“The Anna Cabrini Chronicles” is visually and sonically lush, if at times it falls short dramatically. In particular, director Tawd B. Dorenfeld’s pen-on-notebook-paper animations and the original score by Trey Spruance and The Secret Chiefs 3 are brilliant. The use of varied media – DV, Super 8, and 16 mm – along with artfully staged sets, creates a stunning visual landscape. Dorenfeld’s screenwriting skills, however, do not do justice to his talent as a filmmaker.
In “The Anna Cabrini Chronicles,” the title character (Leigh Hope Phillips), is conducting a project on suicides. After a brief introduction explaining Anna’s interest in the topic, sparked by her mother’s psychosis and suicide, the film follows three of Anna’s subjects as they make tape-recorded diaries for Anna’s project and eventually succumb to their suicidal thoughts. Throughout the film, the appropriateness of Anna’s relationship with her subjects becomes increasingly questionable, until her comment at the film’s beginning – “I, Anna Cabrini, am still alive; my subjects are not” – takes on a sinister meaning.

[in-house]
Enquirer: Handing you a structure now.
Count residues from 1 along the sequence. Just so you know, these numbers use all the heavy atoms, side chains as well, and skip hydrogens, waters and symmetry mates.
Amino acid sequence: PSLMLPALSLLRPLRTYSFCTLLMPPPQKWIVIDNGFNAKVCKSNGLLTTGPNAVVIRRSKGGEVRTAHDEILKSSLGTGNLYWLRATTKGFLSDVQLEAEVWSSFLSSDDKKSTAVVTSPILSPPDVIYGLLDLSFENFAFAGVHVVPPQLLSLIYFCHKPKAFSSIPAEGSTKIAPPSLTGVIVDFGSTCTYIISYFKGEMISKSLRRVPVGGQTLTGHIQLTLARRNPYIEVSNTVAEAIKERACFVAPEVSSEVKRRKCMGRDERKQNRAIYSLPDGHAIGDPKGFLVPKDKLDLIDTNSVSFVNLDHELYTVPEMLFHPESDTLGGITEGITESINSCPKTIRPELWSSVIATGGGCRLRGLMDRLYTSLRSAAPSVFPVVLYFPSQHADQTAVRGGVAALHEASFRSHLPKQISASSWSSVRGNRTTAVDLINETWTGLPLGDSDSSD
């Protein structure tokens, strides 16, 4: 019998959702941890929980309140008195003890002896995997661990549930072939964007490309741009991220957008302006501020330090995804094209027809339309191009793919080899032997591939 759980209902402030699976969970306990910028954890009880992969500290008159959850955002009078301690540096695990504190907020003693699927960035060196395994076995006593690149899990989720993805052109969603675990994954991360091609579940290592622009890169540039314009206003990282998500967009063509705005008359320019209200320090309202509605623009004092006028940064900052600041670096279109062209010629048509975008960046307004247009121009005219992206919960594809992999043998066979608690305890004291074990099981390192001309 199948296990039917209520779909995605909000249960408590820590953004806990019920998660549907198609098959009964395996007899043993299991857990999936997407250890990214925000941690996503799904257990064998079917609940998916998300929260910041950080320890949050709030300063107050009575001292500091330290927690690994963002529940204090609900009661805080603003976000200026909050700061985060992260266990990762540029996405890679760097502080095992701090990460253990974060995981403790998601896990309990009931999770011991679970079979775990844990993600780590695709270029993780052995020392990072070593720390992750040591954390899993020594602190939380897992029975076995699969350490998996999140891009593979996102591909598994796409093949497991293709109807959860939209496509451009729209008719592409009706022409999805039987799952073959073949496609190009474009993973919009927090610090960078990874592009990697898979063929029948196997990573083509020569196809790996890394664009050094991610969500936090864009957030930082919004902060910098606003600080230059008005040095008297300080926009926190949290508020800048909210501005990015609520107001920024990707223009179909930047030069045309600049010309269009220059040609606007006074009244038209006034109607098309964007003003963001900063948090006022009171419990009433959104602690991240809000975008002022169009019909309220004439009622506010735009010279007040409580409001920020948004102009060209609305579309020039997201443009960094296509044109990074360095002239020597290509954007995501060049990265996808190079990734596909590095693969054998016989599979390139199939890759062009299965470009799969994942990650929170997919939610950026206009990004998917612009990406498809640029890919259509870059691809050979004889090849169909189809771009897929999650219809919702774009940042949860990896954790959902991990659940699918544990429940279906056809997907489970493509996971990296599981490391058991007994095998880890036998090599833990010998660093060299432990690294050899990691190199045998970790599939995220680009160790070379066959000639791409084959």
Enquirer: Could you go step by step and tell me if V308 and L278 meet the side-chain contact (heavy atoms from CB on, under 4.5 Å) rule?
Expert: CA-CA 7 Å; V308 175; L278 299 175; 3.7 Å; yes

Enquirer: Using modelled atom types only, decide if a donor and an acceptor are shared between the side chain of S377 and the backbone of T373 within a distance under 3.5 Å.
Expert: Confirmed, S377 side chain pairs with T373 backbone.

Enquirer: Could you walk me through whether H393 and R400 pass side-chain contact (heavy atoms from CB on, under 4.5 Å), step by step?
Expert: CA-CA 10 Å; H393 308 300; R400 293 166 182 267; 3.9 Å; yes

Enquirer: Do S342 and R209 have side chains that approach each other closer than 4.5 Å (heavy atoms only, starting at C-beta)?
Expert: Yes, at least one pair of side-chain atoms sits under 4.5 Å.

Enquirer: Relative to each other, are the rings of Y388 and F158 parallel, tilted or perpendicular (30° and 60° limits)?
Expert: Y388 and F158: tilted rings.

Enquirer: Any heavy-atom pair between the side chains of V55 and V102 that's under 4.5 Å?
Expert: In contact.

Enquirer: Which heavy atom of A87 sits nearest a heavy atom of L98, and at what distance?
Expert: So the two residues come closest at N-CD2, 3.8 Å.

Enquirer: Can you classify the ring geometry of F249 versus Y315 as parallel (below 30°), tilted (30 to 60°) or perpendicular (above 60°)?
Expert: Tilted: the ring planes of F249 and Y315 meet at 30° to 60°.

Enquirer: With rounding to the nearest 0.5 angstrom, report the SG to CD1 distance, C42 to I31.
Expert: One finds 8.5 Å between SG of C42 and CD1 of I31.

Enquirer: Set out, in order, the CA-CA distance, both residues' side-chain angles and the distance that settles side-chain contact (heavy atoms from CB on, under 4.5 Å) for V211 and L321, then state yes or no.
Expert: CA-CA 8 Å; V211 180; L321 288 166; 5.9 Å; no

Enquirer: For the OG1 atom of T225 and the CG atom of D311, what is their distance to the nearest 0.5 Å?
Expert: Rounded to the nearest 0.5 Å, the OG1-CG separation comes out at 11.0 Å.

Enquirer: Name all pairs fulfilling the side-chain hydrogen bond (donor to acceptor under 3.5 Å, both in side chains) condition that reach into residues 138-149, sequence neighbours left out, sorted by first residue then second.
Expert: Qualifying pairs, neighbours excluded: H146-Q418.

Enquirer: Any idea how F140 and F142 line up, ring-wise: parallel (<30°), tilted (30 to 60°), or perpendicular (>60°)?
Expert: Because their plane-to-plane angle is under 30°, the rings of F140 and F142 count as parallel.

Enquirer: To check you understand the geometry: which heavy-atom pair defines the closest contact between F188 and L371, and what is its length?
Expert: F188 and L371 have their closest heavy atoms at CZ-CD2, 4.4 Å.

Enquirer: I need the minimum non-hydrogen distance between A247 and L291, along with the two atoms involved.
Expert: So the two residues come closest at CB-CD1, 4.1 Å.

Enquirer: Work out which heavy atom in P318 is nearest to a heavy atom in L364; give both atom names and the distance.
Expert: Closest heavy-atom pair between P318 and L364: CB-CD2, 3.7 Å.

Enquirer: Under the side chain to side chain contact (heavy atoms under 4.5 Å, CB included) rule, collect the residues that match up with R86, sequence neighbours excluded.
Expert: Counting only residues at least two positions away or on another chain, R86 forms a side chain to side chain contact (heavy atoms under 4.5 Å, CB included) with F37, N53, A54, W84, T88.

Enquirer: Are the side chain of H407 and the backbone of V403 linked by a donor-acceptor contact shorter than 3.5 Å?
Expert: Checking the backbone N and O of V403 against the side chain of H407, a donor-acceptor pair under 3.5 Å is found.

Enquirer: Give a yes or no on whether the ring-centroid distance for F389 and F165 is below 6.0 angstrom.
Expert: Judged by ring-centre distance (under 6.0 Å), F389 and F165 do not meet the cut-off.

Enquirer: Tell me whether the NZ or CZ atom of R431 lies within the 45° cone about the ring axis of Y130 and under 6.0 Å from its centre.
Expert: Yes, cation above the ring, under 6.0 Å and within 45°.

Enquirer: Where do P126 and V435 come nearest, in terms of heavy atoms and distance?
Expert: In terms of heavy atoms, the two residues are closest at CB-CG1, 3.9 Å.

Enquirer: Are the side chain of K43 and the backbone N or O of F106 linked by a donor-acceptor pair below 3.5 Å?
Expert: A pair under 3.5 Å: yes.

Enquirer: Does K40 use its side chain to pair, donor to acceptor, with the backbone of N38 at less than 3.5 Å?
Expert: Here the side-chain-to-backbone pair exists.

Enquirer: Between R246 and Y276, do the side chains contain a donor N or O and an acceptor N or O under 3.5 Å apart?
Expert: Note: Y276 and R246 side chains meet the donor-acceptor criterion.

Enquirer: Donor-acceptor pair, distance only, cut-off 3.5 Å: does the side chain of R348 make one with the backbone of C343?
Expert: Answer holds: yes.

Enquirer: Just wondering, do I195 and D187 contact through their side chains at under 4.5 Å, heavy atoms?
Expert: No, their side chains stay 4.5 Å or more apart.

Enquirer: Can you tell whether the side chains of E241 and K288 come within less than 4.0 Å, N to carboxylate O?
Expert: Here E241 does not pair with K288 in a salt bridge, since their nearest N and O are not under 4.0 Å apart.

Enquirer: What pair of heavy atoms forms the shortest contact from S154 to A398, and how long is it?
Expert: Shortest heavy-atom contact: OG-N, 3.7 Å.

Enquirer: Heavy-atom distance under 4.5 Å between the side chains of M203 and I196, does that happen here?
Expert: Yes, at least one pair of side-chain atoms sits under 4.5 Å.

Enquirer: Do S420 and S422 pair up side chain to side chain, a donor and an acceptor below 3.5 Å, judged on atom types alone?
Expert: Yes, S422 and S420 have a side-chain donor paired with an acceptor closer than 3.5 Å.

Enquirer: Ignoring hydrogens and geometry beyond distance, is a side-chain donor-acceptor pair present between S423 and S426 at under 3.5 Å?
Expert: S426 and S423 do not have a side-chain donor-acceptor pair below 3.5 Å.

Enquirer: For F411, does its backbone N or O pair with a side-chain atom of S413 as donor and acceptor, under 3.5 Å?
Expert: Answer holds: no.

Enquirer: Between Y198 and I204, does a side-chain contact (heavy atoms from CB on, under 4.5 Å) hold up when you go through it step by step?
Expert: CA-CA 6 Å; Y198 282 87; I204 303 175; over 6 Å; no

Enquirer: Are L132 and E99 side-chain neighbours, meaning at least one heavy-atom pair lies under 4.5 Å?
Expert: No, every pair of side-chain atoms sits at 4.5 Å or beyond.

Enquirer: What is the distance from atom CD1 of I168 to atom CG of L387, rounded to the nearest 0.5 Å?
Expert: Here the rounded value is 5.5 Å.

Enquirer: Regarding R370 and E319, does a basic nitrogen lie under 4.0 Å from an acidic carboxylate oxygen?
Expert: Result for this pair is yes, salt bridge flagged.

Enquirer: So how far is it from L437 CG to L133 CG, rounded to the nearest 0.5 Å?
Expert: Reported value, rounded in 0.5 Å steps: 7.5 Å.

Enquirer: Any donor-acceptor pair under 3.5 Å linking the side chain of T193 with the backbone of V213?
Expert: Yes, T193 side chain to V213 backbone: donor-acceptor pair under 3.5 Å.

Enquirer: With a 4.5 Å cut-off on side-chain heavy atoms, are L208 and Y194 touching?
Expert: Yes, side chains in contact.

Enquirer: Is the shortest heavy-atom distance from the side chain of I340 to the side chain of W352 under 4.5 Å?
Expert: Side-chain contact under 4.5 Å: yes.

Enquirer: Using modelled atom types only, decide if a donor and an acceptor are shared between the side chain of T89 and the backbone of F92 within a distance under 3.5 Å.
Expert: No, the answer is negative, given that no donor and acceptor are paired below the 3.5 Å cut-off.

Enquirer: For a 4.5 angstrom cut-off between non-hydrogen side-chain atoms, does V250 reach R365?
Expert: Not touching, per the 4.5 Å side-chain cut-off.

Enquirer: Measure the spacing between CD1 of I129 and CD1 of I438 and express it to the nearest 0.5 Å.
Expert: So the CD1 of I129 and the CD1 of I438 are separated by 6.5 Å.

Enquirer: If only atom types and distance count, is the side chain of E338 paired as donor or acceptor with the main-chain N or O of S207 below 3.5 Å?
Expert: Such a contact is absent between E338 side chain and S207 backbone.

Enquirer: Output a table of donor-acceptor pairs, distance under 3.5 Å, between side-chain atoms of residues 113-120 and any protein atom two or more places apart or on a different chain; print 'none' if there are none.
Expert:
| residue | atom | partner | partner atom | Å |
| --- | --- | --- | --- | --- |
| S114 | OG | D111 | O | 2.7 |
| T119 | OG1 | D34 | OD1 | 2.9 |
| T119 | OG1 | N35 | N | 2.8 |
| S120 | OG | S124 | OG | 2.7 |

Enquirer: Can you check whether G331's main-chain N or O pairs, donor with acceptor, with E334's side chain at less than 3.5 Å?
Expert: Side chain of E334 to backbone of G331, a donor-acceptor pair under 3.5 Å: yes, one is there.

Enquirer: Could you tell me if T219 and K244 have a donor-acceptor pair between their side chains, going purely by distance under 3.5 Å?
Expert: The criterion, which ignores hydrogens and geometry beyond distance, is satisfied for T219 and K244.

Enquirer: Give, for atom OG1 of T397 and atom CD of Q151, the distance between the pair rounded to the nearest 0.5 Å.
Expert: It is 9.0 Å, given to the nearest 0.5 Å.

Anna Cabrini’s three subjects, Brooke Caldner (Samantha Deane), Jonathan Silver (Michael Childers), and Merrick Young (Bryan Trujillo), mostly tell their stories first person, through the tapes; it is in these sections, accompanied by Dorenfeld’s psychedelic illustrations, that the film excels. The core cast is strong and their monologues are moving, though the majority of the dialogue scenes ring false. So do some of the circumstances of the character’s lives, which sometimes lapse into stereotype, but the fact that nearly everyone is mentally unstable tempers the implausibility somewhat.
At some point in each of the subjects’ segments, the film devolves into a rapid and incomprehensible series of images and sounds. Although it’s possible to glean a general idea of what they’re about, Brooke having an abortion for instance, the attempt to portray the characters’ emotional state in this matter is much less effective than when their words are clearly spoken. These portions of the film are longwinded and detract from the devastatingly direct look at depression and psychosis that seems to be Dorenfeld’s goal. The graphic scenes of suicide, on the other hand, are among the film’s best moments; Brooke’s drawn out and grotesque poisoning is extremely powerful.
“The Anna Cabrini Chronicles” took six years to make. Immense care went into the technical aspects of the film, and it shows, but the poorly researched plots and mediocre dialogue prevent it from being a great piece of cinema. At its worst, the film is confusing and takes a lot of suspension of disbelief, but the visuals and score keep it interesting throughout. I would love to see Dorenfeld collaborate with a screenwriter and a full cast equal to his filmmaking talent.